Continued from Chapter 23

(Jeremiah 23:5-6)

In their effort to substantiate the belief in a triune deity, Christians have alleged that a prophecy given by Jeremiah supports their contention.

The prophet declares: Behold, the days are coming says the Lord, that I will raise up for David a righteous branch, and he shall reign as king and prosper, and shall execute justice and righteousness in the land. In his days Judah will be saved, and Israel will dwell securely. And this is his name by which he will be called: “The Lord is our righteousness.” (Jeremiah 23:5-6)

Christians argue that only God could properly bear the name Y-H-V-H tsidkeinu — “The Lord is our righteousness.” However, names are often given to human beings, and even to inanimate objects, with the intention of expressing honor to God (e.g., Exodus 17:15, Jeremiah 3:17). It is not at all strange to find biblical names which incorporate the divine name within them. In Jeremiah 23:5-6, the name is there to tell us why the Messiah’s rule will be just and equal for all, the source of the Messiah’s righteousness is God. “The Lord is our righteousness” indicates that God will direct His Messiah’s every step. The inclusion of God’s name signifies the total submission of the Messiah’s every action to the will of God. The Lord is our Righteousness is not an everyday name, but a descriptive title disclosing the level of honest judgment and compassion the Messiah will dispense as God’s wholehearted representative. That this is not an ordinary given name is seen in that when a biblical personality has a name which contains the word Y-H-V-H, the full name of God is never included in the person’s name. Most often the name takes the shortened form y-a-h (e.g., Isaiah, “God is Salvation”; Zechariah, “God Remembers”), or some other shortened form of the name, such as, y-h (e.g., Joshua, “Help of God”; Jehoshaphat, “God has Judged”).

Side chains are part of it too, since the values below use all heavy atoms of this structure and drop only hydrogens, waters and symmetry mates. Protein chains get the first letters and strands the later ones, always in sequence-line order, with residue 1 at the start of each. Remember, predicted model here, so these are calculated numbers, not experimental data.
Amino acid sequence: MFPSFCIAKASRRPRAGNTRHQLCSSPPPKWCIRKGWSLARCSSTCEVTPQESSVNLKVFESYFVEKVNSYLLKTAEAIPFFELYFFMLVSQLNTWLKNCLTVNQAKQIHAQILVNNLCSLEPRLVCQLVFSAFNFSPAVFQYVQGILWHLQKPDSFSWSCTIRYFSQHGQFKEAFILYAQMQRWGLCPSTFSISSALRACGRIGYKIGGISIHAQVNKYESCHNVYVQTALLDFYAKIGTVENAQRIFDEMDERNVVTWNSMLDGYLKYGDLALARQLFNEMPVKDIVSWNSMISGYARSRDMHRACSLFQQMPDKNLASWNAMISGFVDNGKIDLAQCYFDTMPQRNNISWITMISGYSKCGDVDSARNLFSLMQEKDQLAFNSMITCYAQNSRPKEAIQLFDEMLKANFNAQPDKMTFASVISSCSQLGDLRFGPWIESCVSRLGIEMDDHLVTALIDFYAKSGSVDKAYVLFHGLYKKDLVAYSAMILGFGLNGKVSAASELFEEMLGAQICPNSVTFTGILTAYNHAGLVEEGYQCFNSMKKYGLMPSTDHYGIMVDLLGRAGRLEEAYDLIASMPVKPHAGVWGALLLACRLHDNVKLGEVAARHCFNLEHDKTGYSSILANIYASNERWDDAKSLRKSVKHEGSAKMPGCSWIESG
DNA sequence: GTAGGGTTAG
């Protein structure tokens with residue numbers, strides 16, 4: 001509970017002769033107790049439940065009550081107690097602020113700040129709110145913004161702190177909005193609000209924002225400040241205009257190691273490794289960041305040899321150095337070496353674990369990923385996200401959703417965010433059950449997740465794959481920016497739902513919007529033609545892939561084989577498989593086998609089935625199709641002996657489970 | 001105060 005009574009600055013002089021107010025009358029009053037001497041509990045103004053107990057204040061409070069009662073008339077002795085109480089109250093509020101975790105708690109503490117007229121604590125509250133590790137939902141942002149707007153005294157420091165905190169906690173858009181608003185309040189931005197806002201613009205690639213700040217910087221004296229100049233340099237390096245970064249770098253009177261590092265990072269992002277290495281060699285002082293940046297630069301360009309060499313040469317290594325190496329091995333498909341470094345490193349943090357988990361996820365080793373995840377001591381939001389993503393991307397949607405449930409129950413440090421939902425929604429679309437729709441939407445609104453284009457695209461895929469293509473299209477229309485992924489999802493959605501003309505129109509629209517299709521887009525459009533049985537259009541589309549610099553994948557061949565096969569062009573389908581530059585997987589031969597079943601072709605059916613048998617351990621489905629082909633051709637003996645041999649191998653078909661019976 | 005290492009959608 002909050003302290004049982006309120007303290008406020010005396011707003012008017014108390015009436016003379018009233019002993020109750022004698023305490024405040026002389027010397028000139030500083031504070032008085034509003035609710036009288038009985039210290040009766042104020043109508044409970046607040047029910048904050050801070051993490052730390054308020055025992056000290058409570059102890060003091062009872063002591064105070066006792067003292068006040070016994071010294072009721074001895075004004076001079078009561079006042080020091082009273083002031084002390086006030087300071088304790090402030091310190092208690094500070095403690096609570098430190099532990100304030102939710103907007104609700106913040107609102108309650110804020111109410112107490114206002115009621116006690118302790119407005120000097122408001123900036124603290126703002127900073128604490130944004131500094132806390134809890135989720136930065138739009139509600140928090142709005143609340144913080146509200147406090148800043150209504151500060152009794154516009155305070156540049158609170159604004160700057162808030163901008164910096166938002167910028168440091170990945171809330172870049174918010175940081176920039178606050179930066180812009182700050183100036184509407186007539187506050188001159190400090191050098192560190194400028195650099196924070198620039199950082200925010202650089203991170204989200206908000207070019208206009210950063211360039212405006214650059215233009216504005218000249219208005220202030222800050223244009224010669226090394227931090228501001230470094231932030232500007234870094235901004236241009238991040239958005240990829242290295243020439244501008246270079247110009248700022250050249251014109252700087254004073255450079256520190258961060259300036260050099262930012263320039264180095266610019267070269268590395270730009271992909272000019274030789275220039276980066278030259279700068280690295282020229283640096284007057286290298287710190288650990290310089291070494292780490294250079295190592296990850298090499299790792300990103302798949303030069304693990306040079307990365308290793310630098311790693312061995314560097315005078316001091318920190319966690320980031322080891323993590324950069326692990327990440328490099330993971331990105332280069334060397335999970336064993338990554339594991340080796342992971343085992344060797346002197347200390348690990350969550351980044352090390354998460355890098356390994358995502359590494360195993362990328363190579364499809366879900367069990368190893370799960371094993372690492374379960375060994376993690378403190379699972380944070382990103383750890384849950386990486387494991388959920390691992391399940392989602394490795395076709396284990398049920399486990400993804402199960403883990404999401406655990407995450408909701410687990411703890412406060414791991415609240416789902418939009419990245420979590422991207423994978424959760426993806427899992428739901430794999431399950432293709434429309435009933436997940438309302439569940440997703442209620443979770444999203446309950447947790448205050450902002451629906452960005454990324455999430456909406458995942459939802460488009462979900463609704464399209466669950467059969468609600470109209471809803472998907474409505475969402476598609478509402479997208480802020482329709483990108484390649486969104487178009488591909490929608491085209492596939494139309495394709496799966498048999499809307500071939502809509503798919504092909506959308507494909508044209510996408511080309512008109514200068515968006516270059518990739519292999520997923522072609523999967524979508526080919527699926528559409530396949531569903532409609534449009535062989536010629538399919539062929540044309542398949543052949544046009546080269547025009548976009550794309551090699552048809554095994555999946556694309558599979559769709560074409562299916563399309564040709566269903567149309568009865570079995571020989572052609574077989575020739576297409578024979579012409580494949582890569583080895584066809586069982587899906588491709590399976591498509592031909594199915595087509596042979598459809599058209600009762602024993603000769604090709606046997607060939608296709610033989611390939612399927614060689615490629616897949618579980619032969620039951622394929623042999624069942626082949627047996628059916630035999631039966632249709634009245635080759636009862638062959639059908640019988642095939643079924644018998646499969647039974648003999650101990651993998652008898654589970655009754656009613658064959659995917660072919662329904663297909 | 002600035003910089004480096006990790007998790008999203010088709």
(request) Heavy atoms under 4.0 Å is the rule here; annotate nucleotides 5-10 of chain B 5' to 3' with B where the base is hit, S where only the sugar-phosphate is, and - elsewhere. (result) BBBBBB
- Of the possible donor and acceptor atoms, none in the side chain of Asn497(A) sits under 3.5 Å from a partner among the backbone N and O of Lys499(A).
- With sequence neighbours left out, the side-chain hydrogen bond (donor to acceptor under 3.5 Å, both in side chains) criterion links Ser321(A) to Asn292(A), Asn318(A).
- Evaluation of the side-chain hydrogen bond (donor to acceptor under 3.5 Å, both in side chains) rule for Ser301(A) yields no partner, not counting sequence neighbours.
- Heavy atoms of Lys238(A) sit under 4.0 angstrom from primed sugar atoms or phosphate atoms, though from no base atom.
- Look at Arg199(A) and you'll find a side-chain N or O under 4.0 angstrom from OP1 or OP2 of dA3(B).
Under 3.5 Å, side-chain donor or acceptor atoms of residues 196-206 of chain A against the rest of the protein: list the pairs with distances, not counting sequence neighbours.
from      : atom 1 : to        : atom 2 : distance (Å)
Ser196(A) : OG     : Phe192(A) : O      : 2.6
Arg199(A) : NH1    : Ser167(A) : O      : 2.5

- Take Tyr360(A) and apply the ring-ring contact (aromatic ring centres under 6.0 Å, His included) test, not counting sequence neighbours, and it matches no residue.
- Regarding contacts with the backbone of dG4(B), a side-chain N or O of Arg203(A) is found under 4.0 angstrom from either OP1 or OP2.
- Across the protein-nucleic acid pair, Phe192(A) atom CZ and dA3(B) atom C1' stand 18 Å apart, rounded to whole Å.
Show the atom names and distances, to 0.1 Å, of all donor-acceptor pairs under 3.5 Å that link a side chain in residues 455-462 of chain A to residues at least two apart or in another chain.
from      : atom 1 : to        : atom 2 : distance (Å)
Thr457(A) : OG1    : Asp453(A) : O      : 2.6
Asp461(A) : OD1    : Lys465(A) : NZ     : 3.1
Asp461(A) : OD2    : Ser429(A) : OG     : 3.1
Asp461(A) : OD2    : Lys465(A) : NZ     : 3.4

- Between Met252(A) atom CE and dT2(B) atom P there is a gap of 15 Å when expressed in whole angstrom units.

Nowhere are all four letters, Y-H-V-H found together in that form in a name given to a human being for everyday use. The bearer of the title The Lord is our Righteousness is imbued with the renown and reputation of God but he is not God or part of God. He will in a very real and concrete way emulate the full meaning of the righteousness of God expressed in this name. We find that the name chosen in the Bible for a child is often descriptive of the parents’ wishes or expectations for the personality that is to mature. This is also evident in the renaming of adults in the Bible, e.g., Jacob becoming Israel (Genesis 35:10). The name (or title) “the Lord is our righteousness” is one given to the Messiah when he is already a mature adult, not one given to him at birth. The Messiah will be a visible testimony of God’s activity as were the prophets, and like them he is not part of the Godhead. The name explains the very character and essence of the one bearing the name as being totally in sync with God’s righteousness. By no means is there the slightest hint that the Messiah’s being is of divine origin.

© Gerald Sigal